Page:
Unthinking Utopia –Borderlessness as Method

Excerpt from a chapter for the book Utopia Pulse – Flares in the Darkroom, Oliver Ressler and Ines Doujack (eds), Pluto Press, London, 2015.

During a drawing workshop in Western Sydney Mona tells me she had packed a Persian translation of George Orwell’s 1984 to read on the way to Australia, but once on the boat she was told it was too heavy and she must throw it overboard. She complained that hasn’t been able to find another translation to finish the book. We joke she doesn’t need it–her years in Australia being an ample introduction to the double-think of Orwellian dystopia. Read more…

Transfield, Mandatory Detention, and the Biennale of Sydney.

Article by Zanny Begg and Ahmet Ögüt published in Afterimage, 42(2):4-7 31 Aug 2014

The 19th Biennale of Sydney (BoS): You Imagine What You Desire, opened on March 21, 2014, overshadowed by weeks of controversy over its founding sponsor Transfield, an Australia-based multinational corporation that recently secured a $1.22 billion AUD contract for operations on its Manus Island (Papua New Guinea), and Nauru mandatory detention centers. Read more…

Counter-Cartography on the Google Earth

Catalogue essay for Baadlands: An Atlas of Experimental Cartography, 2014

The “seamless” geography presented in Google Earth is evocative of the “smooth space” of Michael Hardt and Antoni Negri’s Empire, a global order where territorial boundaries have been superseded by the mobility of a globalized flow of communication, labour and exchange: Empire is a “decentered and deterritorialising apparatus of rule that progressively incorporates the entire global realm within open expanding frontiers”. Hardt and Negri’s use of the term “smooth”  is borrowed from Deleuze and Guattari – for them smooth space describes an open nomadic landscape one traverses with the flowing tides of the ocean, the shifting  sands of the desert or the undulating steppes of ice. For Hardt and Negri Empire has progressively expanded into this space, subsuming this flow into one dominated by global capital. Read more…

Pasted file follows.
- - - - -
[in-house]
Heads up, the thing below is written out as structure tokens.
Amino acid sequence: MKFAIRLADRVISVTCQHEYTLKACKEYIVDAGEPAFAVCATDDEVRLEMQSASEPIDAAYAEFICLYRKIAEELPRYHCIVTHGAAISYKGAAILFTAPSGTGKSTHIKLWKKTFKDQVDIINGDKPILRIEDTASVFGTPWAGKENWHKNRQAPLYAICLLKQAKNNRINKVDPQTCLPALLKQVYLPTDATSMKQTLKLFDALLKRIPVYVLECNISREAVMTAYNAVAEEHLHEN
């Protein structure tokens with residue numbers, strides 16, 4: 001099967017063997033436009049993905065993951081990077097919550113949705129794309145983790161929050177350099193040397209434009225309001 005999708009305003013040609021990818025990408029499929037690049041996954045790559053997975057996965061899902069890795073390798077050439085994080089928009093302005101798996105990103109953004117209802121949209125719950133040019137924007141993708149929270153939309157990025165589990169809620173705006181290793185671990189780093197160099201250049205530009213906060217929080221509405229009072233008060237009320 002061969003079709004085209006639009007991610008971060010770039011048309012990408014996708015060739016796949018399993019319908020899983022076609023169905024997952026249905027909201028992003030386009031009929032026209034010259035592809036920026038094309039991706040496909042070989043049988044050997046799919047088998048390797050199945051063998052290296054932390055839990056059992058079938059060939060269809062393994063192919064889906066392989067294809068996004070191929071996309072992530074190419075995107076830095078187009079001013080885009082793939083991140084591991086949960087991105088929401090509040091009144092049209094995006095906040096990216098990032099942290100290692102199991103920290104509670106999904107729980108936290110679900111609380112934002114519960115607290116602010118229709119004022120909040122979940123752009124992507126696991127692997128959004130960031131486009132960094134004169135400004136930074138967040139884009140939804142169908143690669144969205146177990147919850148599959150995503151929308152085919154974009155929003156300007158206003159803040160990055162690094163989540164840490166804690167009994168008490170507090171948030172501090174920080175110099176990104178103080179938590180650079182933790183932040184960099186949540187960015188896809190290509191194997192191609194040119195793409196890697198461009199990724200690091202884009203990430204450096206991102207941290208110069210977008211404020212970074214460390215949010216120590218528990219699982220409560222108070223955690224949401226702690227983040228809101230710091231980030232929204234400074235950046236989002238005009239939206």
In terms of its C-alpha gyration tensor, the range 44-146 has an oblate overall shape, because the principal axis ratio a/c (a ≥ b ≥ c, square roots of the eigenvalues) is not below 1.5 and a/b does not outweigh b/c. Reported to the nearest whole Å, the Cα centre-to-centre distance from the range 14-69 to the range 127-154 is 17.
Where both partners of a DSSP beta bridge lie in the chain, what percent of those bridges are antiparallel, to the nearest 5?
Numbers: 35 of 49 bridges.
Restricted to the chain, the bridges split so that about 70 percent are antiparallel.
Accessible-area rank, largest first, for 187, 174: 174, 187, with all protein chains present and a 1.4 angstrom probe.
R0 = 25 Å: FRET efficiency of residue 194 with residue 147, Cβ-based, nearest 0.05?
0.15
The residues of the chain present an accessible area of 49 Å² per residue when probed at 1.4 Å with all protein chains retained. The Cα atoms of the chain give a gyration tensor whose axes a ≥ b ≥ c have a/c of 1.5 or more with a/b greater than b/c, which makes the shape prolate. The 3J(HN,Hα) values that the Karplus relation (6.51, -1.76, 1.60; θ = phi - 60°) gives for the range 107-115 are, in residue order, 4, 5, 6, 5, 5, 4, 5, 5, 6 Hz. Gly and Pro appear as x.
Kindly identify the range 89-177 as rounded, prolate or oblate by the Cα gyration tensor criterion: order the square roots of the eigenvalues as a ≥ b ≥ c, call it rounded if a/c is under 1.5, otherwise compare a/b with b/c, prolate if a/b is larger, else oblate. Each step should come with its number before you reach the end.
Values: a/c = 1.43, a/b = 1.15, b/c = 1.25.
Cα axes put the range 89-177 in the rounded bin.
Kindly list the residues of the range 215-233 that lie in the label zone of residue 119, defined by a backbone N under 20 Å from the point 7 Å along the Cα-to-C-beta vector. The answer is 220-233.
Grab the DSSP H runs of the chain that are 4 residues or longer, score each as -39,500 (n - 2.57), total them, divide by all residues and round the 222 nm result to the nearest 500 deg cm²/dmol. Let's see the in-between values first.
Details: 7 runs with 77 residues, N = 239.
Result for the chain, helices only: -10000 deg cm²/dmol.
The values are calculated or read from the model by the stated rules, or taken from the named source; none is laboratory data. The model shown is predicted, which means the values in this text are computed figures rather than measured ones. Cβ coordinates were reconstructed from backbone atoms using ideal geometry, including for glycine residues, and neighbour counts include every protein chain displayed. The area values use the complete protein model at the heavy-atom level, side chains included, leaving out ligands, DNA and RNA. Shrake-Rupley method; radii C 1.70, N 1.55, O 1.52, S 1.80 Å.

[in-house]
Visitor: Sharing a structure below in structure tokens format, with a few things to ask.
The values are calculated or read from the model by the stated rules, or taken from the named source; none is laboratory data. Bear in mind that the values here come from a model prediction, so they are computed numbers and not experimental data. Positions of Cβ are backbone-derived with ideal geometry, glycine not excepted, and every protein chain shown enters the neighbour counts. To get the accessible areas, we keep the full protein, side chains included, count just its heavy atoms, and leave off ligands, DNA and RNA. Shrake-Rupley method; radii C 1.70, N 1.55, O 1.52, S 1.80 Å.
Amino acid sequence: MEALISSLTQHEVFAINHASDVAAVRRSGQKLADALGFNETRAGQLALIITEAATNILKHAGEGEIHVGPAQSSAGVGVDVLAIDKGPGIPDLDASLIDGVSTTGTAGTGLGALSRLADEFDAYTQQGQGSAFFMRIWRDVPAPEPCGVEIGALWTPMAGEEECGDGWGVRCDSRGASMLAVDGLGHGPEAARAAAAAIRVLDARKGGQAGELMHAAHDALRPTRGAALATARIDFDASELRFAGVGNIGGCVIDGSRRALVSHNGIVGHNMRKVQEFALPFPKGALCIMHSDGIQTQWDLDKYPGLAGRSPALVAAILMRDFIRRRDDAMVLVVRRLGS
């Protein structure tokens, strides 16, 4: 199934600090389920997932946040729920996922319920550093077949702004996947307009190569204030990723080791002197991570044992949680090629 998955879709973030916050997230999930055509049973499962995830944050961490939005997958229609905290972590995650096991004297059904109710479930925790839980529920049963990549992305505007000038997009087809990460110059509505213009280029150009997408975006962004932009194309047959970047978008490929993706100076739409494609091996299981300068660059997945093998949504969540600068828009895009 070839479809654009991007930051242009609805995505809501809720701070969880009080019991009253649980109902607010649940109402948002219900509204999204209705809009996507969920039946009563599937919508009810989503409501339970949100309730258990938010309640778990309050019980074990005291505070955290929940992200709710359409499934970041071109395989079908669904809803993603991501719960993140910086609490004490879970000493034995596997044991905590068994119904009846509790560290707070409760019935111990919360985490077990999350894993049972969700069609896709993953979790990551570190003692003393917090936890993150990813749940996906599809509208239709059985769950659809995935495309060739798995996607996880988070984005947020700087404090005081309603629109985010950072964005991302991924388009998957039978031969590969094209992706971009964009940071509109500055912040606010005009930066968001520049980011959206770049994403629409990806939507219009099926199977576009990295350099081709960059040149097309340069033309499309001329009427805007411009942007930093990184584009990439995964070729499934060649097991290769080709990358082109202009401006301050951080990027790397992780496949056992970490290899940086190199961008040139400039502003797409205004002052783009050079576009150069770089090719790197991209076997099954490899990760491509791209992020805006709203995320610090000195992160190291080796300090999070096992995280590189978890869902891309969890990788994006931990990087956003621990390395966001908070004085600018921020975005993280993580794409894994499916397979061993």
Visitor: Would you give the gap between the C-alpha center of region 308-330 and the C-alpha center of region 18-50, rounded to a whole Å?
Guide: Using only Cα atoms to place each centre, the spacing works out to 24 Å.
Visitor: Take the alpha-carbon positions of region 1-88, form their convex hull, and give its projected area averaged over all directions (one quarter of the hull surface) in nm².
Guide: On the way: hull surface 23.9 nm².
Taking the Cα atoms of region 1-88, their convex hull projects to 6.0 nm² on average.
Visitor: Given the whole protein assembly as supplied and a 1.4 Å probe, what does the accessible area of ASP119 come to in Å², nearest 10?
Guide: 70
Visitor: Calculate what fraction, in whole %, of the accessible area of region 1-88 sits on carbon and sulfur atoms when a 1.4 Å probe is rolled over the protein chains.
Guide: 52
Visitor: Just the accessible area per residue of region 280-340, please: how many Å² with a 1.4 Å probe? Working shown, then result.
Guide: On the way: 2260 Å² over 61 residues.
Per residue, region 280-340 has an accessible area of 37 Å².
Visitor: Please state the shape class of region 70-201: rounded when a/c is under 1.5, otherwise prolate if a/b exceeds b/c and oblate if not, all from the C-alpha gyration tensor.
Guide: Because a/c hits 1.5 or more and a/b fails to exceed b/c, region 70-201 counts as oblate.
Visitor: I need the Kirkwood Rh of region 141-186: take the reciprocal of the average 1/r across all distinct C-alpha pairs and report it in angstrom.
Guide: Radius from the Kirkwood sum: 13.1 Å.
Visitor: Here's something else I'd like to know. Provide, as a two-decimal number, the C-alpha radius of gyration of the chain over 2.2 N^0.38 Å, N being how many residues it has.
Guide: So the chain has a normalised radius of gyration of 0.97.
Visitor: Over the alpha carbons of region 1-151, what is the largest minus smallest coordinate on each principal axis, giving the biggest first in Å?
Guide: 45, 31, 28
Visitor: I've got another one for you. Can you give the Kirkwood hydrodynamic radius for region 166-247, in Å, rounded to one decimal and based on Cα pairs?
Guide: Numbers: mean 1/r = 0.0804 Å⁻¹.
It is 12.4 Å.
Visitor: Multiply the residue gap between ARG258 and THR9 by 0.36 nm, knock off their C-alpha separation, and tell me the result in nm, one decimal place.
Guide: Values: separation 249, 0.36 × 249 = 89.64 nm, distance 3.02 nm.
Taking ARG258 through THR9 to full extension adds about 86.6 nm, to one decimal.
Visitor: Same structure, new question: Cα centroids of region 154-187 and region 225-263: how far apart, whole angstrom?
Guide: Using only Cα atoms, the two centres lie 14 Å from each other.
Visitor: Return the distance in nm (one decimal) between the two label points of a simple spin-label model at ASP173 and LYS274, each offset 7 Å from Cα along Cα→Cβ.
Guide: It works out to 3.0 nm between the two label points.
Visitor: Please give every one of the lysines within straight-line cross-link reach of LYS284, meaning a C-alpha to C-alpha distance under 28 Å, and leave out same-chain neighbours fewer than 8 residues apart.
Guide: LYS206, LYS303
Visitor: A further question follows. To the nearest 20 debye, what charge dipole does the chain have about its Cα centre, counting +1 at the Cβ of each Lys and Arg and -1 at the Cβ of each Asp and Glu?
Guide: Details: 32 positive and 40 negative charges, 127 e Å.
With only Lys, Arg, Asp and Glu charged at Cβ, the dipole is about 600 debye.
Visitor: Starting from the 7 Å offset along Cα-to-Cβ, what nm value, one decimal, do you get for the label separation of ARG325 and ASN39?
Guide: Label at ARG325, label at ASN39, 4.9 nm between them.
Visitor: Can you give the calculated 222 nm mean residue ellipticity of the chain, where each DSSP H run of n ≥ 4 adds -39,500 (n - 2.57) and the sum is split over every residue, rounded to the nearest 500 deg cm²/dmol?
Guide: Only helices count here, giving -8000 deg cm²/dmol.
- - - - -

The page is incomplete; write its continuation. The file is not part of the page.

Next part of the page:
I Don’t Know Much About Revolution, But I Know What I Like

Article in Overland Magazine,#199, 2010.

This is not a protest. Repeat. This is not a protest. This is some kind of artistic expression. Over. – A call which went out on Metro Toronto police radios on May 16, 1998, the first global street party.

The May 16 1998 Global Street Party represented one of the first globally co-ordinated manifestations of the counter-globalisation movement. As people danced, marched and cavorted through streets the Global Street Party provided an early indication that something new was happening in politics. This feeling would be irrevocably confirmed a bit over a year later during the riots and demonstrations in Seattle when the colourful street party turned serious and shut down the WTO meeting, effectively scuttling that round of trade negotiations.

The call out on the Toronto police radios indicates the sense of shock and concern which accompanied the emergence of this new movement. What exactly was it: A demonstration? A party? Art? Of course it was neither and all of these things combined, and it was this very ambiguity which was to be such a source of strength for culture and politics at the turn of the new millieum.